Nobody should be scared to cast their ballots. That’s the word from the head of Maricopa County elections.
"You don't want to intimidate someone in there voting, either helping them or not,” said Helen Purcell, Maricopa County Recorder.
This intense election is drawing fiery passion on both sides.
Talk of election rigging, voter fraud and no threats to political offices, may spook some voters, especially on Election Day.
"Education is the answer,” said Tim Sifert, communication director for the Arizona Republican Party.
“We want to make sure all the polls, all of the voting, all of the ballot counting happens in a transparent way," added Sifert.
Both the Grand Old Party and Democrats will use volunteers, called poll observers on Election Day.
Those volunteers are vetted by the individual parties, and then cleared by the country recorder to silently watch the process.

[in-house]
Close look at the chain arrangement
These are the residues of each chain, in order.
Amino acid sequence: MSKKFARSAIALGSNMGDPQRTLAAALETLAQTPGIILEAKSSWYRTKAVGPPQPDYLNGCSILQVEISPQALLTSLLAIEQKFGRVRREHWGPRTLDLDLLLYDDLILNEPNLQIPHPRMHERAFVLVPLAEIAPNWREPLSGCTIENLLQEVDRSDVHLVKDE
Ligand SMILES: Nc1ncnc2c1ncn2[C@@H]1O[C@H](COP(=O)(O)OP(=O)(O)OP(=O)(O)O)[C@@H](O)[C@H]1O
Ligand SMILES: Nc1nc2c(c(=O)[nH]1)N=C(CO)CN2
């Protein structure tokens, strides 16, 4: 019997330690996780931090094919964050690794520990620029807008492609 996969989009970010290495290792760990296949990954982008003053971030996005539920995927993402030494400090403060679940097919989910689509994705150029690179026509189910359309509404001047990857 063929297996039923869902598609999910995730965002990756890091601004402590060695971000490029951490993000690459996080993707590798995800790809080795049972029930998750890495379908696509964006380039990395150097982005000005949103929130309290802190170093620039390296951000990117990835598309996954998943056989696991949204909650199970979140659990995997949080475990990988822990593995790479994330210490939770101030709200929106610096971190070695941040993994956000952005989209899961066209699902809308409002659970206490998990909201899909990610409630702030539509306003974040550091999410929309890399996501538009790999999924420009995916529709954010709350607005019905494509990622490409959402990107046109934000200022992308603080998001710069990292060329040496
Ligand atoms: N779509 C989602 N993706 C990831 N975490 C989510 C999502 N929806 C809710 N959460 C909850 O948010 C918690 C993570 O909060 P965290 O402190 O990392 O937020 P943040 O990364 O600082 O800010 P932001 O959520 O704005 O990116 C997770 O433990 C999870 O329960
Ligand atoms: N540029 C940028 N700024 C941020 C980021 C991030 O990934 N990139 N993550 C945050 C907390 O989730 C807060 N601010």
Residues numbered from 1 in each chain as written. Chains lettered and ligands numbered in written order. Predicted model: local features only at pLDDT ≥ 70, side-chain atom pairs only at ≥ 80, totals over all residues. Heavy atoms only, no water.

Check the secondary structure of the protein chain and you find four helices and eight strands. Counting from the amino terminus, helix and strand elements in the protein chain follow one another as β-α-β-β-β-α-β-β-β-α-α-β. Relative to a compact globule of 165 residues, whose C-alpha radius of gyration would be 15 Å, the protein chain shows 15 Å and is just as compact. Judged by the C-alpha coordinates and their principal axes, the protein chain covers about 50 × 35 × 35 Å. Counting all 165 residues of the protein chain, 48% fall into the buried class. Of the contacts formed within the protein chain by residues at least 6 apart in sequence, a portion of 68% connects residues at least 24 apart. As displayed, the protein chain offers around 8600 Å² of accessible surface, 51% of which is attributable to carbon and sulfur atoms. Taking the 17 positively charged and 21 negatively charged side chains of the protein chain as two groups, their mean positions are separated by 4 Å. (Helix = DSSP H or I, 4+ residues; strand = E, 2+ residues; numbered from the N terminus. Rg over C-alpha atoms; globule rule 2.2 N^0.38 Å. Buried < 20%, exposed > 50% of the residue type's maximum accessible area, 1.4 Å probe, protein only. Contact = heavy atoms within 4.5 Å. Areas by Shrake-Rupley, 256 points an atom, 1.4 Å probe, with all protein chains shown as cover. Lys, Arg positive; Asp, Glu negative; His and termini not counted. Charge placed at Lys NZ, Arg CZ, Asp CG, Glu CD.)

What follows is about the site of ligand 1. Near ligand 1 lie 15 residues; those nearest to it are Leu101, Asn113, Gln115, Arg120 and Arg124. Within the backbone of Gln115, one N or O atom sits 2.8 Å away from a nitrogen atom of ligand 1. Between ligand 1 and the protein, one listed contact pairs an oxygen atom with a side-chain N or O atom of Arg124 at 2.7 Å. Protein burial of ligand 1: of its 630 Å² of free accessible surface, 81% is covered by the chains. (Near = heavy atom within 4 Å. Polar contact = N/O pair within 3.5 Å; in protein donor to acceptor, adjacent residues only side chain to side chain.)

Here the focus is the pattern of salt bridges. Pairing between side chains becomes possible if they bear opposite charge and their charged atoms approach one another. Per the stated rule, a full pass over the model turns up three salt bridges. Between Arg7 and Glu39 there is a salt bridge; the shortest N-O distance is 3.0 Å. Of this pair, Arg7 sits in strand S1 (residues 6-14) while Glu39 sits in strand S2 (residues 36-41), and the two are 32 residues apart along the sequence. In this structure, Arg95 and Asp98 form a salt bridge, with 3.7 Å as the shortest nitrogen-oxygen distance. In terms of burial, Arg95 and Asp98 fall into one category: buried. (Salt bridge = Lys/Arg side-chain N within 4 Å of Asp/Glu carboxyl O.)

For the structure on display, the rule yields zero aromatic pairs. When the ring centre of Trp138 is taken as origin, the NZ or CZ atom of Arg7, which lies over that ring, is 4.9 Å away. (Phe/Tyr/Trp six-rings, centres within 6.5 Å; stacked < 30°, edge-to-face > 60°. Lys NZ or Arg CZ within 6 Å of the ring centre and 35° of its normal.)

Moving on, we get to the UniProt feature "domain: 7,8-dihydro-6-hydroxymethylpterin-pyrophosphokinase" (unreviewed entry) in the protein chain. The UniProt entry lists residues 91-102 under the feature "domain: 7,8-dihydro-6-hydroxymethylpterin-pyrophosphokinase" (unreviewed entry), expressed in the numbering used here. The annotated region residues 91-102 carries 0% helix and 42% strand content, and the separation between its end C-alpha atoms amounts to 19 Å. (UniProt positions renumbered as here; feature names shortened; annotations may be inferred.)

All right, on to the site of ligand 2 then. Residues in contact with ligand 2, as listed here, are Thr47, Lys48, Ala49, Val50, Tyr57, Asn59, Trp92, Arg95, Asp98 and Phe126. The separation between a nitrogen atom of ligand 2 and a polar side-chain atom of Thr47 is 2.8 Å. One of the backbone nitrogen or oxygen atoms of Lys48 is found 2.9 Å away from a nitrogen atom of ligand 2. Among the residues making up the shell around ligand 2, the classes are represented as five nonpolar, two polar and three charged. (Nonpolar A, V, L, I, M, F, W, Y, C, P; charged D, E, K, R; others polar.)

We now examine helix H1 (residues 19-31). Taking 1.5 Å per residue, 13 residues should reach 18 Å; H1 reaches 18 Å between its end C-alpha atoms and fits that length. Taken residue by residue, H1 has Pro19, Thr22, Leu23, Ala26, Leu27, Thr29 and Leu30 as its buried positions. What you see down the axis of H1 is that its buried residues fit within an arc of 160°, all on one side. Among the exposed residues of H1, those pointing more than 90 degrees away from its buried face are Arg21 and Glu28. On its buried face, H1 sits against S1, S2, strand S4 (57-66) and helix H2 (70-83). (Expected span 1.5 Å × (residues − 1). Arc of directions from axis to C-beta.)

Those poll observers report and problems or irregularities to party leaders on Election Day.
"If done properly. the poll observers, are really just eyes and ears and nobody would notice they were inside the polling places,” said Sifert.
Like in many elections, each polling location is protected by an imaginary 75-foot bubble, preventing campaigning, even guns from reaching the voting booth.
But outside that bubble, anything goes.
"Nobody knows for sure what is going to happen on Election Day, but we want to be as safe and careful as possible,” said Samantha Pstross, the executive director of the Arizona Advocacy Network.
Volunteers with Arizona Advocacy Network, a non-partisan group will stand watch at pre-determined trouble spots around the state to help answer questions and make sure voters are not intimidated by anyone.